UPDATE: Nicollette Sheridan’s case against her former employer “Desperate Housewives” took a major hit Tuesday: Judge Elizabeth Allen White dismissed the battery charge against “Desperate Housewives” series creator Marc Cherry. Lawyers for Cherry say he is “no longer a defendant in this case.” Charges of wrongful termination in the $6 million lawsuit remain while the court is in recess. More to come.
By ANTHONY McCARTNEY
LOS ANGELES (AP) — Jurors in Nicollette Sheridan’s wrongful termination case heard a set worker Tuesday describe an email he believed called for the destruction of files related to the firing of the actress from the hit show “Desperate Housewives.”
Construction coordinator Michael Reinhart took the witness stand over the objections of an attorney for series creator Marc Cherry and ABC, who suggested Reinhart might have been confused and misread the message.
Reinhart said he immediately deleted the message and believed it had been mistakenly sent to him after Sheridan sued in 2010.
He recalled that it contained the words “delete” ”hard drive” and “Nicollette Sheridan,” but he could remember few other details. He said it made him uncomfortable and he tried to forget it but couldn’t.
He said he called Sheridan’s attorney Mark Baute on Sunday because he wanted both sides to have all the information.
“It started gnawing at me,” Reinhart said. “I began to lose sleep over it.”
“Desperate Housewives” Kills Off Another Major Character:
Baute has accused Cherry and ABC officials of engaging in a conspiracy to make it appear the decision to fire Sheridan had been made months before an on-set dispute between the actress and Cherry in September 2008.
Sheridan claims Cherry struck her hard on her left temple during the argument, but the veteran TV writer maintains he tapped her to give her artistic direction.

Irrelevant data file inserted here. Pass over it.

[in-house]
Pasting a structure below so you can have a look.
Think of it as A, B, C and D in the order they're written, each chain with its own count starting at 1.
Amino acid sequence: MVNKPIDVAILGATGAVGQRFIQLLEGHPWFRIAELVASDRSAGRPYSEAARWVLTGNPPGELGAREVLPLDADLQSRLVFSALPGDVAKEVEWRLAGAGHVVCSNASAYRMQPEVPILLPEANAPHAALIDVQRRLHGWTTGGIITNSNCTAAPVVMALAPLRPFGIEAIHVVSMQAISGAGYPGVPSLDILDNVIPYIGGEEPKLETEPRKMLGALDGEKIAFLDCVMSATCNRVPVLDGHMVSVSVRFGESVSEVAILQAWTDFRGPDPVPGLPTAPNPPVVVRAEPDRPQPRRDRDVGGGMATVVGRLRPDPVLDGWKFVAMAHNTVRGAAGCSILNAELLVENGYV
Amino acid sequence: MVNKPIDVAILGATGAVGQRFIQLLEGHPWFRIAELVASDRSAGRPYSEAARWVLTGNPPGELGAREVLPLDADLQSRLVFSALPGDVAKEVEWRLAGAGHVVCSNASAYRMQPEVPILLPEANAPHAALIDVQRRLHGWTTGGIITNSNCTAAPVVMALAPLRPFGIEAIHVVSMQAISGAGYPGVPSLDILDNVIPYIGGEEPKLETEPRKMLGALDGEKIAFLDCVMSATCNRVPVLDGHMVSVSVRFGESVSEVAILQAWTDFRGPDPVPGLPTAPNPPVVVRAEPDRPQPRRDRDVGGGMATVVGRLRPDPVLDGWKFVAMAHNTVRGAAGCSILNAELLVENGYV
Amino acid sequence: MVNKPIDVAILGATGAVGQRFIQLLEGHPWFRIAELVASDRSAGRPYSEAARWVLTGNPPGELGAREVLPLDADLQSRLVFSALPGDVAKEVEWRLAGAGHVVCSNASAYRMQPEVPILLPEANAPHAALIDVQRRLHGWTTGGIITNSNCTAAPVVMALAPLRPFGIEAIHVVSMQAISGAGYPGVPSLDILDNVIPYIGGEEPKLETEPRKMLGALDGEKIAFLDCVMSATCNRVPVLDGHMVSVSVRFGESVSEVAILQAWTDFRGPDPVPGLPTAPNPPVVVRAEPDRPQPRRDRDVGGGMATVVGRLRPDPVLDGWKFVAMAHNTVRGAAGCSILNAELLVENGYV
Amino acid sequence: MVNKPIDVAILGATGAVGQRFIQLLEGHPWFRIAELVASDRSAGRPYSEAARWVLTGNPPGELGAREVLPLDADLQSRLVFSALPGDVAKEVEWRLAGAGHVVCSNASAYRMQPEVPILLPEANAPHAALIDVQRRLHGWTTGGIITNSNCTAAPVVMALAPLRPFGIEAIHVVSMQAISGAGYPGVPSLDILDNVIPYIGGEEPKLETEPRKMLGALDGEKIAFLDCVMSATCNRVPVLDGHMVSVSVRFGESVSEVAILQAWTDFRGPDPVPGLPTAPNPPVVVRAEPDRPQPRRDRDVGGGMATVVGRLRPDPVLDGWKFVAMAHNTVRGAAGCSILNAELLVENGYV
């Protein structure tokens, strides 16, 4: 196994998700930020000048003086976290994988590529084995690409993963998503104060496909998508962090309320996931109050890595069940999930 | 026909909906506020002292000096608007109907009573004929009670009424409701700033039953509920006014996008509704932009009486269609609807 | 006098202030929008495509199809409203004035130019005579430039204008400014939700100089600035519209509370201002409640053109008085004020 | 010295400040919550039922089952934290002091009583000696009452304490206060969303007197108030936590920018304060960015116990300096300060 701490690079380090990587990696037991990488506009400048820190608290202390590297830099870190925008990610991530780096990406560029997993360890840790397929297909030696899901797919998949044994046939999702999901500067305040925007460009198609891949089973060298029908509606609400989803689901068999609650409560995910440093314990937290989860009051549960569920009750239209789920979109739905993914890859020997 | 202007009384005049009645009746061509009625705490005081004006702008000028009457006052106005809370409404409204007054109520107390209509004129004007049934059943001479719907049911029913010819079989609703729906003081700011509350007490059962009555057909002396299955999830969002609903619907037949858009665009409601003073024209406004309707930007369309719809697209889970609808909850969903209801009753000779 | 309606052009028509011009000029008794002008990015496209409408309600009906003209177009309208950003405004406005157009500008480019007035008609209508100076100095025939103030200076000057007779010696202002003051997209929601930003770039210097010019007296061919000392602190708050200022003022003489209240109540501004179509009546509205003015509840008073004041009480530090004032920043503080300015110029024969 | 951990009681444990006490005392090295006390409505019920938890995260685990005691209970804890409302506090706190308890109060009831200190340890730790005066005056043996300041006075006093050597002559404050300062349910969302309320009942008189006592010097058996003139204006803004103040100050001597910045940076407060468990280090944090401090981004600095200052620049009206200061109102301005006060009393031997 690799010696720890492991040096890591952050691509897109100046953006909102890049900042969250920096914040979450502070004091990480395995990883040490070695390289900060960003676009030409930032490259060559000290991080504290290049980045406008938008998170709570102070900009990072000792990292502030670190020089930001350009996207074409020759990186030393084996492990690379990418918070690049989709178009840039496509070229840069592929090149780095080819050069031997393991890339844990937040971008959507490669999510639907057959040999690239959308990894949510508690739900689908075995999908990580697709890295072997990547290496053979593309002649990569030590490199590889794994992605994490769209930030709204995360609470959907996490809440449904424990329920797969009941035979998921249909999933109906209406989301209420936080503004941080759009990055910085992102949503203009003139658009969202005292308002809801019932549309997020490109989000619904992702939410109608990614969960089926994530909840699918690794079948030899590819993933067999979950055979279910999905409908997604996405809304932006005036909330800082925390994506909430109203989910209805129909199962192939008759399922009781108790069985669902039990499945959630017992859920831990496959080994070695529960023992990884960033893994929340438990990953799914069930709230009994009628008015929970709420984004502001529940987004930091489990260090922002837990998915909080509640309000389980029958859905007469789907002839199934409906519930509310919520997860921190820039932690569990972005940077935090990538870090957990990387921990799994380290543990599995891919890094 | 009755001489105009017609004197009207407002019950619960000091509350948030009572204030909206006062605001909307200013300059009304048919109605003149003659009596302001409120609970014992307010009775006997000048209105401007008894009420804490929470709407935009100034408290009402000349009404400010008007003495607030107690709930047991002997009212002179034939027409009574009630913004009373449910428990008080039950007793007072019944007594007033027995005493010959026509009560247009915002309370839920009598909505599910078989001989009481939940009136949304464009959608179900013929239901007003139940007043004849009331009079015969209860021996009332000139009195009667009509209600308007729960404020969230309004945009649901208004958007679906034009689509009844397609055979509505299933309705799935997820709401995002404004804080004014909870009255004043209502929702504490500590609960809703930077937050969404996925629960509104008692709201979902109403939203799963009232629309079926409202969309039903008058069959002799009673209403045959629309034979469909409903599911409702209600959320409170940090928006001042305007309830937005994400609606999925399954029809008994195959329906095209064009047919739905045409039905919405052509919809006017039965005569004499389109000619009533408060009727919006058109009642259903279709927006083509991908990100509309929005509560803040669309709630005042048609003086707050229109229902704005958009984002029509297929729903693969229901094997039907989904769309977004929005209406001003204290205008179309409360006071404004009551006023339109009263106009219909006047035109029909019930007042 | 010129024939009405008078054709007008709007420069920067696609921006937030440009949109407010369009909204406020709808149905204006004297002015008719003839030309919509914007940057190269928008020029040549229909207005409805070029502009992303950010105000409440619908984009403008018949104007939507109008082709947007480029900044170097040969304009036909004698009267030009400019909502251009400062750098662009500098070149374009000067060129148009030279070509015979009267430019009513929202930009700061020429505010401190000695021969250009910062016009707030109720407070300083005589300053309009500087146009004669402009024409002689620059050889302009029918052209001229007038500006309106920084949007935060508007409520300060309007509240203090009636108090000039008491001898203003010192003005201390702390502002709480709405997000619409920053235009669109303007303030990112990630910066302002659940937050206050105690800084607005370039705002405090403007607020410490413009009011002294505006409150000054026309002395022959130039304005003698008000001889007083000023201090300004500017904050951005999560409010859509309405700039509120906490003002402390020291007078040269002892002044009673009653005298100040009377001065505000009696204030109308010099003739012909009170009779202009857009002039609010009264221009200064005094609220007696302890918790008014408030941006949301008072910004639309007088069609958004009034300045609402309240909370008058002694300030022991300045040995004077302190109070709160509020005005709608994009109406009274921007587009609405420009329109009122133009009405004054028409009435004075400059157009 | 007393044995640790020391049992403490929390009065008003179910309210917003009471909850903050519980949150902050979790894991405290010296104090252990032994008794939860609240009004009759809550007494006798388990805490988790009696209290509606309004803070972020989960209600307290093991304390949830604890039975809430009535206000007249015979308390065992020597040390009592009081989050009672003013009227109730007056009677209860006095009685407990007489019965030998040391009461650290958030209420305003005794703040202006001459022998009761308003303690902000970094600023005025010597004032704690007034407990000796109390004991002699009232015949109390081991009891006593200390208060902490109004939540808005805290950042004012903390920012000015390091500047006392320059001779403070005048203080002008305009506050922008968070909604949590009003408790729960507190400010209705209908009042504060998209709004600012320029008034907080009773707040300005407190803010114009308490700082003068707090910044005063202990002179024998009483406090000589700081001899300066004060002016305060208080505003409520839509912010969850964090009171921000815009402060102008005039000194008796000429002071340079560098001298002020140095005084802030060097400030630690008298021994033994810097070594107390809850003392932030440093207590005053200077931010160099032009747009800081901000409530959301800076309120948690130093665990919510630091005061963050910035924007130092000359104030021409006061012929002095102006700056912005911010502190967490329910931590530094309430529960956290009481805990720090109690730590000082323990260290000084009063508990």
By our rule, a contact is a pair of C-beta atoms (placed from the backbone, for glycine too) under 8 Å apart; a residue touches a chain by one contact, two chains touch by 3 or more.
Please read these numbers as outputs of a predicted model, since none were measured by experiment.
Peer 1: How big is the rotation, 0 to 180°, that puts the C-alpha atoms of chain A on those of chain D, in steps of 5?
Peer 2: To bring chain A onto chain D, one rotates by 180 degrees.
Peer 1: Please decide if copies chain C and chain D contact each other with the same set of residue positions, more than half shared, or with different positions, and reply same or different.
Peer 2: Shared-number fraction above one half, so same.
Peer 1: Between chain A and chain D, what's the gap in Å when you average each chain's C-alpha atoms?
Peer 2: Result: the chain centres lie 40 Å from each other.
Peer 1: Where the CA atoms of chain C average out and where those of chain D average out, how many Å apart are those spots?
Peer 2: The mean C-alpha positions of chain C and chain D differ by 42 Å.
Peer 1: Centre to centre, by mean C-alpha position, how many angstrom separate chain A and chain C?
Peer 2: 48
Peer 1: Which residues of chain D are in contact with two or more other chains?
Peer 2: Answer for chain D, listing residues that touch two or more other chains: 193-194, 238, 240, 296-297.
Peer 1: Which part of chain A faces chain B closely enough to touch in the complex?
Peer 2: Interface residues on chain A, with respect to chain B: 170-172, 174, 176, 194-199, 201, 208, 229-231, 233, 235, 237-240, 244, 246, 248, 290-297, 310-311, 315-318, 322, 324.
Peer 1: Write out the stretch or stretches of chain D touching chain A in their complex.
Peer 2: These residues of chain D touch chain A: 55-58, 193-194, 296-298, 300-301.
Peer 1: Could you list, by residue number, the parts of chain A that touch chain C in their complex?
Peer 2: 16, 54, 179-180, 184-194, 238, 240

The trial is in its final days and closing arguments had been expected Tuesday. A request by ABC attorney Adam Levin to delay the case for a forensic examination of Reinhart’s hard drive was denied. Still, the set worker’s testimony could prolong the trial.
Levin also said Baute apparently promised to find Reinhart work if he was fired for testifying in the case. Reinhart said he felt he was performing “professional suicide” by coming forward.
Superior Court Judge Elizabeth Allen White said Sheridan’s attorneys did not invite the problems that Reinhart’s disclosure caused, and she felt the jury should determine how much weight to give his testimony.
Reinhart’s phone call Sunday created the latest twist in Sheridan’s trial, which has featured nine days of testimony so far.
He told jurors that immediately after talking to Baute, he left his home so he couldn’t be served with a subpoena then took his work computer out of his office. He brought the machine in his truck and White ordered him to turn it over to ABC attorneys for an examination.
Reinhart has worked on the series for all of its eight seasons,
Jurors have heard conflicting testimony throughout the case. A writer and co-executive producer said the decision to kill off Sheridan’s role wasn’t made until late 2008 — after a human resources investigation cleared Cherry of wrongdoing for the on-set dispute.
Numerous other witnesses, however, have said Cherry received permission to kill the Edie Britt character in May 2008, and it was a key mystery story line discussed throughout preparations for the show’s fifth season.
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